Study Design and Data Gathering Guide for Serious Games’ Evaluation

Study Design and Data Gathering Guide for Serious Games’ Evaluation

Jannicke Baalsrud Hauge (Bremer Institut für Produktion und Logistik (BIBA), Germany), Elizabeth Boyle (University of the West of Scotland, UK), Igor Mayer (Delft University of Technology, The Netherlands), Rob Nadolski (Open University of The Netherlands, The Netherlands), Johann C. K. H. Riedel (Nottingham University, UK), Pablo Moreno-Ger (Universidad Complutense de Madrid, Spain), Francesco Bellotti (Università degli Studi di Genova, Italy), Theodore Lim (Heriot-Watt University, UK) and James Ritchie (Heriot-Watt University, UK)
Copyright: © 2014 |Pages: 26
DOI: 10.4018/978-1-4666-4773-2.ch018
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The objective of this chapter is to provide an overview of the different methods that can be used to evaluate the learning outcomes of serious games. These include Randomised Control Trials (RCT), quasi-experimental designs, and surveys. Case studies of a selection of serious games developed for use in higher education are then presented along with evaluations of these games. The evaluations illustrate the different evaluation methods, along with an assessment of how well the evaluation method performed. Finally, the chapter discusses the lessons learned and compares the experiences with the evaluation methods and their transferability to other games.
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Evaluation Methods For Sg Learning Outcomes

The evaluation of games is complex and multidimensional since it involves evaluation not just of whether there is an improvement in performance on the targeted learning outcomes, but also evaluation of the user acceptance of, engagement with, and satisfaction with the game. The introduction of a serious game into the curriculum raises similar issues to any other educational intervention, since the aim of a game is to improve performance on a specific learning outcome. Woolfson (2011) proposes a hierarchy of evidence for evaluating educational interventions:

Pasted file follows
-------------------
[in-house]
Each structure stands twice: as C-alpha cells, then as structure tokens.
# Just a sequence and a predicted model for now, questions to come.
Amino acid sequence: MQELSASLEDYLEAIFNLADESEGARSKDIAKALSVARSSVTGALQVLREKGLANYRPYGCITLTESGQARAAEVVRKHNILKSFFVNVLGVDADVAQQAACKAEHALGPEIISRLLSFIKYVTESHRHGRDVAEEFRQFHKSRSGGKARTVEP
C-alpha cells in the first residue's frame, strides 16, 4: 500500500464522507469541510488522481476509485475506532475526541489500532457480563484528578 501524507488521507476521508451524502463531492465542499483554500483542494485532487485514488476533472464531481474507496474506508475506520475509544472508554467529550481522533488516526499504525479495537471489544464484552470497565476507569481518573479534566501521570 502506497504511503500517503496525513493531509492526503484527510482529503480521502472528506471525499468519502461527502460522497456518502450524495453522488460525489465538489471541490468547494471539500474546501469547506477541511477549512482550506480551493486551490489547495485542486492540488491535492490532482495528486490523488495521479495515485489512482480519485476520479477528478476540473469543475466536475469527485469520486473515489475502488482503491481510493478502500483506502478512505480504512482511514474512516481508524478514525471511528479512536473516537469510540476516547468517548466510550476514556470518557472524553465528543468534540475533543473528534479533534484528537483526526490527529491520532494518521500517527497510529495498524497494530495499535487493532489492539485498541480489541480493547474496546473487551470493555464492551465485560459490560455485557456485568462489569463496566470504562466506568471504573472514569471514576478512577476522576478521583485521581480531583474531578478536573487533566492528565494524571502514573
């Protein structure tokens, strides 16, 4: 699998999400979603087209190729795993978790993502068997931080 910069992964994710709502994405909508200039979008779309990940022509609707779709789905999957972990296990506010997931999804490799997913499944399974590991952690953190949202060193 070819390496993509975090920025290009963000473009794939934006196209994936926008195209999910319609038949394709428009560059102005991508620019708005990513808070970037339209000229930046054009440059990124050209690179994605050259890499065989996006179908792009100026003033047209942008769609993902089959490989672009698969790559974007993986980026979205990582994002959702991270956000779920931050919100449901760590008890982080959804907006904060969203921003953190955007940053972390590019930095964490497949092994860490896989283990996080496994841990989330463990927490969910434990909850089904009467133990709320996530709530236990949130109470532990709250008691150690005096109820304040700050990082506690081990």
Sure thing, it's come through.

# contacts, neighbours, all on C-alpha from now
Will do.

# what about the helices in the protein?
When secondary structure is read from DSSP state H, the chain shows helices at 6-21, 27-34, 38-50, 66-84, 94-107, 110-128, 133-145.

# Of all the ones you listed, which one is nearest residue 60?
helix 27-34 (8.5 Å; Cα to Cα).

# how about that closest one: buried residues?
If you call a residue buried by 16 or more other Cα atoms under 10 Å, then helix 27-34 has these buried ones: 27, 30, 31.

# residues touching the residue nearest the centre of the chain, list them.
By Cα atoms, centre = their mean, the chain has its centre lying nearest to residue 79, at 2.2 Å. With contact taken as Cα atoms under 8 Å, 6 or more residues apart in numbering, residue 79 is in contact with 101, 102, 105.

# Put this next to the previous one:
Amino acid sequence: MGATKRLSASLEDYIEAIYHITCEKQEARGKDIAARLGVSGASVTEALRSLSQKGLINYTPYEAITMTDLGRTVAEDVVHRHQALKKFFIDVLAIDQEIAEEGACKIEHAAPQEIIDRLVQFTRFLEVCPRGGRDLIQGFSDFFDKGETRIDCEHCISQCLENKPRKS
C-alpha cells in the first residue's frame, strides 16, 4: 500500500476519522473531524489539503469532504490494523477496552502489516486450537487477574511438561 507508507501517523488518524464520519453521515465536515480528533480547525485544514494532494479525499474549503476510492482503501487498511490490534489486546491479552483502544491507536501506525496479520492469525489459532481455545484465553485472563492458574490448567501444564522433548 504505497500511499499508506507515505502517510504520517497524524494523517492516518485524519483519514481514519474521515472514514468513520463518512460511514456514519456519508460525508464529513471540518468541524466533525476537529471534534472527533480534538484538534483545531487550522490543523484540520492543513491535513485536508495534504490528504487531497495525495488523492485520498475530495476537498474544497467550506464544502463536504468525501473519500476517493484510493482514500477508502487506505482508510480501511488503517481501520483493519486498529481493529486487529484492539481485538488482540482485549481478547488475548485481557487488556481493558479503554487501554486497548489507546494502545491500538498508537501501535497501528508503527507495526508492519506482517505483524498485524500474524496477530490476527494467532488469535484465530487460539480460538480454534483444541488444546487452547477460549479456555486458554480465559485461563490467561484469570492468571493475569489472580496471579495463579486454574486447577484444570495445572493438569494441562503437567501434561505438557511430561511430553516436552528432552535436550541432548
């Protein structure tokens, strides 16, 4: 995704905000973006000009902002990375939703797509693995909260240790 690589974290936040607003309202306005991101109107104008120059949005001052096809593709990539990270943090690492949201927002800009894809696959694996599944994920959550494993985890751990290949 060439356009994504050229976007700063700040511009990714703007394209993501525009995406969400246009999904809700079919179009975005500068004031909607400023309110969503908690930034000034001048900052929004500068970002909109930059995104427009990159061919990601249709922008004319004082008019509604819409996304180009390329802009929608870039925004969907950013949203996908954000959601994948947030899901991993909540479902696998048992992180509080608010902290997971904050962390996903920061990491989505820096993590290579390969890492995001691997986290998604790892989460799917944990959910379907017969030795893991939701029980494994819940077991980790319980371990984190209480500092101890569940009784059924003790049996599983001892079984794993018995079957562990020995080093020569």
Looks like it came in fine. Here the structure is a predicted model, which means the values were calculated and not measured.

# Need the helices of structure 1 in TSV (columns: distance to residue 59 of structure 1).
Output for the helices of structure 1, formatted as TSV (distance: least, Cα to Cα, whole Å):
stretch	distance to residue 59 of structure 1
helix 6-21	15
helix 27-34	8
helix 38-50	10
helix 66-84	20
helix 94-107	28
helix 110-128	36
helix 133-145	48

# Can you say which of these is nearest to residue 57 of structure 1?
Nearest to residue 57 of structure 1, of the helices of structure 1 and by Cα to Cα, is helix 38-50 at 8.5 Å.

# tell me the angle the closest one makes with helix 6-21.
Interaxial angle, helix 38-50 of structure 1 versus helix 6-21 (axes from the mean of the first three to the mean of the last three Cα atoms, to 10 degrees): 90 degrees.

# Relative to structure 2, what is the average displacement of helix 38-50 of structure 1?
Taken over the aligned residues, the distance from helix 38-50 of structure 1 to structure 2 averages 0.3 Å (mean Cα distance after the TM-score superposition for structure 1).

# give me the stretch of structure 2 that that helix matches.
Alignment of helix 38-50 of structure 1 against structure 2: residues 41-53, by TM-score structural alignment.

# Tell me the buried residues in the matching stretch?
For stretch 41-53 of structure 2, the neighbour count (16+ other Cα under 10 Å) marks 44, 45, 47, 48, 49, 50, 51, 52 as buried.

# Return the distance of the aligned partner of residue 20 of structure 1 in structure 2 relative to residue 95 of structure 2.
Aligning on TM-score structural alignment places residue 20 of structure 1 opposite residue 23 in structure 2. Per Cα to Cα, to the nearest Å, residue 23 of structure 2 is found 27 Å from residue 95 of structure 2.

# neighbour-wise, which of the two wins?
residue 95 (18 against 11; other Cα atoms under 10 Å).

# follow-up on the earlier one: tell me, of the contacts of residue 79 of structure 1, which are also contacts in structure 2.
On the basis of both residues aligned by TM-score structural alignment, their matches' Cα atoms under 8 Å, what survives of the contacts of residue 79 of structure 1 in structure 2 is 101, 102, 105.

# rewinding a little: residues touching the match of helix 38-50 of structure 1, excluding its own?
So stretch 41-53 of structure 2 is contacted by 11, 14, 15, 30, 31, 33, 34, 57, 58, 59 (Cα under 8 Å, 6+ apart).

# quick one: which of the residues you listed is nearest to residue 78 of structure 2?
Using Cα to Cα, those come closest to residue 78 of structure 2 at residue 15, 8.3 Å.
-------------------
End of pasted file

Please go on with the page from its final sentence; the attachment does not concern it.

• 1.


  • 2.

    Randomised controlled trials (RCT)

  • 3.

    Quasi-experimental designs

  • 4.

    Single case experimental designs – pre & post test

  • 5.

    Non experimental designs – surveys, correlational, qualitative

Meta-Analyses: At the top of the hierarchy of evidence for the effectiveness of interventions are meta-analyses. Meta-analysis combines the results from previous studies to identify patterns in research findings, especially with respect to whether games are effective methods in learning. Meta-analysis requires a reasonable number of empirical studies as input to compare – in serious games we still have a way to go to produce the needed studies, hence it has not been included in this chapter.

Randomised Control Trials (RCT): The Randomised Control Trial (RCT) is considered to be the gold standard for evaluating educational interventions. In a RCT participants are randomly allocated to an experimental (game) group or a control (non-game) group and their performance on the target skill/behaviour before and after the game intervention is tested. Ideally pre-testing should confirm no existing difference between the groups, while post-testing should show whether the experimental group performs better than the control group. Improvements in the target skill/behaviour for the experimental compared with the control group in a follow-up study would allow further confirmation that the intervention was successful.

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